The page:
* Selfish “me time” – As I have said before, being selfish is not a horrible thing that you need to feel guilty about.  I am going to have a selfish day before my husband comes home so that I am not burnt out and bugging him to give me time.  I will still bug him to give me some time but I won’t be quite so desperate.

A lot of my goals are either about being self aware or mentally preparing myself to share my life, our kids, the house and bed again (I still am waking up sprawled across it!).  My ultimate piece of advice is to take some time to pamper yourself and think about what it is you want and don’t want before your family member comes home, be prepared to give up some things and set limits!

For more information about our tips, books and resources go to: www.whileyouwereaway.org


Living It – Week 29

Tip # 445 – When They’re Back Box

When You Are Back Box

It is now at the point where my kids can see the light at the end of the incredibly long tunnel. They are beginning to talk about plans and what they want to do when Dad gets home. I will admit that I have started a list of things that I can’t wait to hand over. But… I also have had to remind the kids (and myself) that my husband was working long hours, was away from all the comforts of home for a long time, didn’t get holidays or weekends and will be tired.  We have decided to take my own advice and we have dusted off the When You’re Back box.  We have used it a few times with great success and we also take the cards when we have done them and put them all up on the wall for awhile to see what we have accomplished.

The idea is that the box sits out on the kitchen table with cards beside it and a couple of markers.  When I or the kids think of something that they want to do when their Dad gets back they write it on the card and stick it in the box.  Then when my husband gets home he randomly chooses a few cards at a time and they set times to do some of them in the week.  This way the kids get things to look forward to and my husband doesn’t feel like he has to do it all the very week he comes home.  We also try to think of a lot of things that have no cost associated with them and mean we will get to just spend time together.  I have already thrown a few boring ones from me of things I have been dying to get down around the house!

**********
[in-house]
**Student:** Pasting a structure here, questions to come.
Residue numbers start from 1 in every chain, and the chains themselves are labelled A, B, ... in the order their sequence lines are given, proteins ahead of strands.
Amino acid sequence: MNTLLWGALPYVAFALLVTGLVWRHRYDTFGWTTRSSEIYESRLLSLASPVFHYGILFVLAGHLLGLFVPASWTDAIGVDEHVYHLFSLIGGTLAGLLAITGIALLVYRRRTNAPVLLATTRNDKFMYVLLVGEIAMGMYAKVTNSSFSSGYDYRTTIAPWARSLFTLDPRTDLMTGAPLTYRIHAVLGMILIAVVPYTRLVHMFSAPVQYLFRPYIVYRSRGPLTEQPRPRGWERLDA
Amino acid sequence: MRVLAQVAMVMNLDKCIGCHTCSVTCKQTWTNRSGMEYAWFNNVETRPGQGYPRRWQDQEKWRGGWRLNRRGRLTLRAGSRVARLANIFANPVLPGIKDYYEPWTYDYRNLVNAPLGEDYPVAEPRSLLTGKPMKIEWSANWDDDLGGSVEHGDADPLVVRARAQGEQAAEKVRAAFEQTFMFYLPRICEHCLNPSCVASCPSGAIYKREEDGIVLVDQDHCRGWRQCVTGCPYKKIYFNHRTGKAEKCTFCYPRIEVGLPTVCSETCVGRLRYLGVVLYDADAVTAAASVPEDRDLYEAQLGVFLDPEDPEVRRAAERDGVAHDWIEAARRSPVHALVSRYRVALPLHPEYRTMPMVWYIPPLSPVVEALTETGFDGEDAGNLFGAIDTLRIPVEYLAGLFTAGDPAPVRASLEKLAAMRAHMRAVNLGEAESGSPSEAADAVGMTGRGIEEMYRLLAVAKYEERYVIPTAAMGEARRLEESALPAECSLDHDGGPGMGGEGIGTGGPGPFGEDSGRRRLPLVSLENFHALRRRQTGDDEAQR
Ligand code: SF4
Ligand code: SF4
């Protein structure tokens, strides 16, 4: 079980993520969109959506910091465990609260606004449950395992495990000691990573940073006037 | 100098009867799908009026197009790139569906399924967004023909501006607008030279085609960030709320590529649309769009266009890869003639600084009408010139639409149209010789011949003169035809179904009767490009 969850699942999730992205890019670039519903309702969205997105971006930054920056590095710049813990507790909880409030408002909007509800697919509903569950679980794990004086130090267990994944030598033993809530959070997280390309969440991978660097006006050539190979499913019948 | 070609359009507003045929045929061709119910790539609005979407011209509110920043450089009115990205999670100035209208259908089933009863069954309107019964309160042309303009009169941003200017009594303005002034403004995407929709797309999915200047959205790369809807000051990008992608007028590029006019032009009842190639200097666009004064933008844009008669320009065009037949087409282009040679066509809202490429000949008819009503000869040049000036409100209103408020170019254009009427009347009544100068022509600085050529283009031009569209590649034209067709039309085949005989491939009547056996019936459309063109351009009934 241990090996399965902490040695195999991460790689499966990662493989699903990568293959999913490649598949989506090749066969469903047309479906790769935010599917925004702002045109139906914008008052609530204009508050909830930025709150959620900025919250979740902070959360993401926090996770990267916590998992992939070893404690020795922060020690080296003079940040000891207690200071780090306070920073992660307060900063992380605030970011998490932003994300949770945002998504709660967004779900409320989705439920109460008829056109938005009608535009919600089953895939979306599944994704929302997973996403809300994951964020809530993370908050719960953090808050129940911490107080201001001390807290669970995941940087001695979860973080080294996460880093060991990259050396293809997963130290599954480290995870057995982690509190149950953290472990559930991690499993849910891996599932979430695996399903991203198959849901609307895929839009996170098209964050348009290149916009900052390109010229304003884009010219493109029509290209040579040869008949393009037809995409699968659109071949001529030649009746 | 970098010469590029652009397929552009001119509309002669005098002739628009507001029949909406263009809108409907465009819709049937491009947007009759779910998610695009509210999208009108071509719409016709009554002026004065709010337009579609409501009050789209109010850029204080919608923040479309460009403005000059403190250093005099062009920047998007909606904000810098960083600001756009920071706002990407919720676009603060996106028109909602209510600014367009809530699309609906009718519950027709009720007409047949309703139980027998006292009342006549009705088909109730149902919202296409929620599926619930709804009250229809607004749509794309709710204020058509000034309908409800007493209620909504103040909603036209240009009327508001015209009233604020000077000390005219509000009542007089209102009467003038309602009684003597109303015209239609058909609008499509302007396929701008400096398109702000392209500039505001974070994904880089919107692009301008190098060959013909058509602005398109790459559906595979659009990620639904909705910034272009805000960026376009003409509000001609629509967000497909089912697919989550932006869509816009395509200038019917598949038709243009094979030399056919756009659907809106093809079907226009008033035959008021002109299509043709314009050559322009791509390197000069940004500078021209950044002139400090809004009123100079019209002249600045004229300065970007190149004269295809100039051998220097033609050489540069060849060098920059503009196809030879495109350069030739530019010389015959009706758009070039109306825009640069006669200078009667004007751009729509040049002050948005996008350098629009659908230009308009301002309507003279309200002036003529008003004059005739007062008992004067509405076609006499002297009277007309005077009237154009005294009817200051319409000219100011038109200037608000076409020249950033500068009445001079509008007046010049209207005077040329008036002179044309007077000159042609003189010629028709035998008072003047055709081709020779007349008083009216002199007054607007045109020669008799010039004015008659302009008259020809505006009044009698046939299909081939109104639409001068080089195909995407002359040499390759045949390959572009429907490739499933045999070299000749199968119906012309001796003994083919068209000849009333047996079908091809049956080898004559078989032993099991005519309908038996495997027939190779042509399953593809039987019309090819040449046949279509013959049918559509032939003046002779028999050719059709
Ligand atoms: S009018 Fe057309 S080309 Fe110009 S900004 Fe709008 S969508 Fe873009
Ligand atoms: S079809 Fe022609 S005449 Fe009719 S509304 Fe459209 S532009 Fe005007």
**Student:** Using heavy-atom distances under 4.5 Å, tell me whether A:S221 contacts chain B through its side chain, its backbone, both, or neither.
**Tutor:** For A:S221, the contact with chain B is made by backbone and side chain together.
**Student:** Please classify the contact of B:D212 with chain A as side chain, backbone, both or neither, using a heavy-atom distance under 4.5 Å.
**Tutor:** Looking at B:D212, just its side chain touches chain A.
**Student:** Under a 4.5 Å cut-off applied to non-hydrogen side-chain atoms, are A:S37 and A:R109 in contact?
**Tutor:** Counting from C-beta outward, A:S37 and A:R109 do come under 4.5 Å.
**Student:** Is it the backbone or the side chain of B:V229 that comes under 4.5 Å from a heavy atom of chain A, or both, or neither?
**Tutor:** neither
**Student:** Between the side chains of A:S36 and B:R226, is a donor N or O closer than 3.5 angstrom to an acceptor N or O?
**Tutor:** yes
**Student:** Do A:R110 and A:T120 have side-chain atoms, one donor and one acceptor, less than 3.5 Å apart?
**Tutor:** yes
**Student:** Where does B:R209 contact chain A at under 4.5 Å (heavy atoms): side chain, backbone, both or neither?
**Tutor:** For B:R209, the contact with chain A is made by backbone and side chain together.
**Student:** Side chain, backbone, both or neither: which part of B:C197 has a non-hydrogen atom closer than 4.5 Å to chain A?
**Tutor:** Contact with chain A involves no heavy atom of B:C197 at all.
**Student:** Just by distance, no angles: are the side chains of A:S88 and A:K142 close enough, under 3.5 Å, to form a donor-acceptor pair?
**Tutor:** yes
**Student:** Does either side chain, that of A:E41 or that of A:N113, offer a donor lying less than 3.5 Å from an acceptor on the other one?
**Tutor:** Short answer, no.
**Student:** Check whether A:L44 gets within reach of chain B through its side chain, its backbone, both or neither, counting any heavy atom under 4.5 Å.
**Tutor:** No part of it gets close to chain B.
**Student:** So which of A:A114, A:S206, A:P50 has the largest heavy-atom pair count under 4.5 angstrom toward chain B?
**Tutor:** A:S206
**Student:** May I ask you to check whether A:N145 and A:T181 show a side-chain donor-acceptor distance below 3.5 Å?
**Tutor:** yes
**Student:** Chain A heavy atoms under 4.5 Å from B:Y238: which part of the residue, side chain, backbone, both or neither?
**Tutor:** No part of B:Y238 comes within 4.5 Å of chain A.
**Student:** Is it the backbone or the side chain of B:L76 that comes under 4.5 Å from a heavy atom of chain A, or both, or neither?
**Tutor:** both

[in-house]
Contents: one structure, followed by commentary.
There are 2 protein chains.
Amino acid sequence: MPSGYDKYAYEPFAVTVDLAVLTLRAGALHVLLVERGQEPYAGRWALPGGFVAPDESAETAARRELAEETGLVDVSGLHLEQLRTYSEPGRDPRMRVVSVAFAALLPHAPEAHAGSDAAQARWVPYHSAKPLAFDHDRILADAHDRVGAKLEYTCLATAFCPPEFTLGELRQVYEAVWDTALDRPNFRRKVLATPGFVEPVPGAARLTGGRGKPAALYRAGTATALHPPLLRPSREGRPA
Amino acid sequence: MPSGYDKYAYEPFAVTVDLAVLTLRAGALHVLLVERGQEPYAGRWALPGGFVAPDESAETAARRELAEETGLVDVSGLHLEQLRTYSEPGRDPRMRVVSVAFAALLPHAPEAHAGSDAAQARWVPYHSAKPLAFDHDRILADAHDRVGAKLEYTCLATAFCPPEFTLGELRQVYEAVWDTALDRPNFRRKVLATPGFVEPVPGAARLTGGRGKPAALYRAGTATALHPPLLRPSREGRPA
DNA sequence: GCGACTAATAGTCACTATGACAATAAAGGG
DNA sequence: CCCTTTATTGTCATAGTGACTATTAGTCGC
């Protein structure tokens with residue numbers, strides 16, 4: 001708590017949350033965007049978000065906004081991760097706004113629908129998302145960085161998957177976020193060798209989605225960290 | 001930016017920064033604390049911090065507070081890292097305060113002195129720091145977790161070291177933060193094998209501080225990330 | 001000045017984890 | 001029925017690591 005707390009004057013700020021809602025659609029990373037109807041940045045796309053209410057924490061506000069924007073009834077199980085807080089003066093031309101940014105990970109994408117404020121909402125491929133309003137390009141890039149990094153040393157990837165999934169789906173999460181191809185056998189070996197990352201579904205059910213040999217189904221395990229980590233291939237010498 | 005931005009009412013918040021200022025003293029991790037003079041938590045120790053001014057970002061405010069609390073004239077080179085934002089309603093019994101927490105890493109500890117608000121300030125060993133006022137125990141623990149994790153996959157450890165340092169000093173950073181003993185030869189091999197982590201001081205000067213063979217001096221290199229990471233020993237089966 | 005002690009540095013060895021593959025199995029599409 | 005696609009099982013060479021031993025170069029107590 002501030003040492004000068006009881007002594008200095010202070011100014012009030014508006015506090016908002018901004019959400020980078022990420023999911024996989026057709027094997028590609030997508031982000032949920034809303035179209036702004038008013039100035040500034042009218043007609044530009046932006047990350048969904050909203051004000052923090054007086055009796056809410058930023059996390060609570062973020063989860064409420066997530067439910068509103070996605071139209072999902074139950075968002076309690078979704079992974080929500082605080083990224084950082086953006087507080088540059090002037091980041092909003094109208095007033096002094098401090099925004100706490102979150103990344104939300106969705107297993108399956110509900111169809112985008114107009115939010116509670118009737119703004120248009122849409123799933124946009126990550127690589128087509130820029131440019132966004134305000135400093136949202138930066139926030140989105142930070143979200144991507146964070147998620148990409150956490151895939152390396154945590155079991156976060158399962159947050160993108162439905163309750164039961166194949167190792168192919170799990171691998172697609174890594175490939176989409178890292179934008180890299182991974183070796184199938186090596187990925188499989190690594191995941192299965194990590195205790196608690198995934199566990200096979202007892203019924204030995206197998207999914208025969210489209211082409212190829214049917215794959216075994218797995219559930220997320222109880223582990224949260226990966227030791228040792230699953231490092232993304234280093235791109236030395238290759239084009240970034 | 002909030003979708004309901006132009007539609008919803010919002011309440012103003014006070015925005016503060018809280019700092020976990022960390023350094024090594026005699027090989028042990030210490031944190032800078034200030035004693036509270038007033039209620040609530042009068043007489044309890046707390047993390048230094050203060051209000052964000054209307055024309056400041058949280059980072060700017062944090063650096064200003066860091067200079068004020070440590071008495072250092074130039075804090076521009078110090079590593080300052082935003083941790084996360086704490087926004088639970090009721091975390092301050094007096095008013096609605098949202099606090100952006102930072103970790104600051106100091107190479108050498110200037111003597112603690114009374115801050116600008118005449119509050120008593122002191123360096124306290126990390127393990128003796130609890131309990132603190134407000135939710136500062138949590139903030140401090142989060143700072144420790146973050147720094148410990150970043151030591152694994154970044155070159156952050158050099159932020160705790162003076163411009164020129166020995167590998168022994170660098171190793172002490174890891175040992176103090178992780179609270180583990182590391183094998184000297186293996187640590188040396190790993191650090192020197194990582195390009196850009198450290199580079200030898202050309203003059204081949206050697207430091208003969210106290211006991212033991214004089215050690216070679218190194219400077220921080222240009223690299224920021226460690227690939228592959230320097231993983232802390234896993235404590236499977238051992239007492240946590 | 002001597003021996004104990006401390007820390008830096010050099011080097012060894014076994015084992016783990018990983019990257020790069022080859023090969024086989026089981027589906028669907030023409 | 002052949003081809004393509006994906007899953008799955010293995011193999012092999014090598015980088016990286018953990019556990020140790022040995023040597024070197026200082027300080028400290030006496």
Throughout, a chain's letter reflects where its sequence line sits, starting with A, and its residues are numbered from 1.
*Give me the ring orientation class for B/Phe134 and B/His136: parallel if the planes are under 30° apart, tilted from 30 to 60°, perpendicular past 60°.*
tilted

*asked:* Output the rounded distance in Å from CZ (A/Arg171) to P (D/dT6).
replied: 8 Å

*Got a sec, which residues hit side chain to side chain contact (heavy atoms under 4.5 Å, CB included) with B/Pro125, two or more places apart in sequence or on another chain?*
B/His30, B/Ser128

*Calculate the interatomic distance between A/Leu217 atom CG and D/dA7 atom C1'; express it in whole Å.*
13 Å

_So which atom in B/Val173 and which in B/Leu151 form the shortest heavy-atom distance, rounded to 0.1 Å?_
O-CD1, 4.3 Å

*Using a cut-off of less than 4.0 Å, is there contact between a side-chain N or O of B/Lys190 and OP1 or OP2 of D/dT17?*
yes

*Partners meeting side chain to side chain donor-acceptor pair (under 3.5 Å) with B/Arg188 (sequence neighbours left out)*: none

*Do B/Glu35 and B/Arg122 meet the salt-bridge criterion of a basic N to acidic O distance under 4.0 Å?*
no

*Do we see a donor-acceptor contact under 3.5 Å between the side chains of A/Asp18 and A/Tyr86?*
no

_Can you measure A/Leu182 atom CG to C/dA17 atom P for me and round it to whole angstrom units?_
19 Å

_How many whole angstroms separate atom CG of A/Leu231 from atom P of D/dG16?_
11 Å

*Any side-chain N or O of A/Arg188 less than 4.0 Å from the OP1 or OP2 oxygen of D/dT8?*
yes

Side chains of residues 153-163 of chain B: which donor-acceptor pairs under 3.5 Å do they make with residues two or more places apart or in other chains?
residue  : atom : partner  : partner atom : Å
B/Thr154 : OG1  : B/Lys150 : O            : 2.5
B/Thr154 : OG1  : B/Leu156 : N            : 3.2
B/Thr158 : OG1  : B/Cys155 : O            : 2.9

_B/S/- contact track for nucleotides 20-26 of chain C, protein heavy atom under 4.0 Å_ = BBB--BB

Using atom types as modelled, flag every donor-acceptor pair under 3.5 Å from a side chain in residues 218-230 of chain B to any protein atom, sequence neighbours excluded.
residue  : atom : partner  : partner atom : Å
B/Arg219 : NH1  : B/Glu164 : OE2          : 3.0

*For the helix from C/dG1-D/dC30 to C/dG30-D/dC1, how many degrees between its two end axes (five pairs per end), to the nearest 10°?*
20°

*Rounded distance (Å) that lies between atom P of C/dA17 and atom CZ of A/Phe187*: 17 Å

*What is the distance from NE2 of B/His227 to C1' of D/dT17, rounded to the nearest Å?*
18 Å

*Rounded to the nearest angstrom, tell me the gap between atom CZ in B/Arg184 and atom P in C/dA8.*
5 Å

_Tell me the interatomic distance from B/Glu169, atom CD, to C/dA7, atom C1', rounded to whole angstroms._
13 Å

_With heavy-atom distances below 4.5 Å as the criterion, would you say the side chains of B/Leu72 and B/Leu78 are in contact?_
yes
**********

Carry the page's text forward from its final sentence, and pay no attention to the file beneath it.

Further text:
Our ‘When You’re Back’ ideas so far:

* Go hiking with the dog

* Read Lord of the Rings together

* See the Matrix movies together

* Go camping

* Play chess

* Go for a bike ride

* Make a big Thai dinner together

* Do a 3km run each week together

* Sign up for an adventure race

* Go out for breakfast together and then drive us to school

* Make a fort in the backyard

* Set up a movie in the backyard

* Have an unChristmas party

* Clean out garage (Mom’s)

* Have a chocolate fondue

* Have a picnic at the park

* Go for ice cream

* Play a round of mini golf

For more information about our tips, books and resources go to: www.whileyouwereaway.org

Living It – Week 27

Tip #99 – Be Organized


When I wrote “101 Tips for When They’re Back” I had a fair number of suggestions for making life easier for their return by being organized.  Since we are in the final 60 day stretch I decided that it may be good to start going through the reunion book and living some of my own advice from there too.  I still stand by all of what I said and truly believe that there is a certain loss of control that I have to be willing to give up again.  For the most part, I have been the one making the decisions about what we eat, what things we do in the evenings, where we go, when we go to sleep and so on and so on.  Now I am going to have to readjust to sharing those decisions with someone else.  Being organized will help me feel less out of control (yes, I am one of those people that finds coming home to a clean house one of the greatest feelings in the world – EVERYTHING REALLY DOES HAVE A PLACE!  Despite what my husband and kids say…).

By the time he gets home I will have…

* Cleaned out the areas of the house that were my husband’s and make them ready for him to invade again (or… to make a mess of and frustrate me but everyone has to have a space to do what they want with)

* Organize the fridge and freezer so that I not only know what we have but that I know we have things he likes too – it will also take the guess work out of meals and make life easier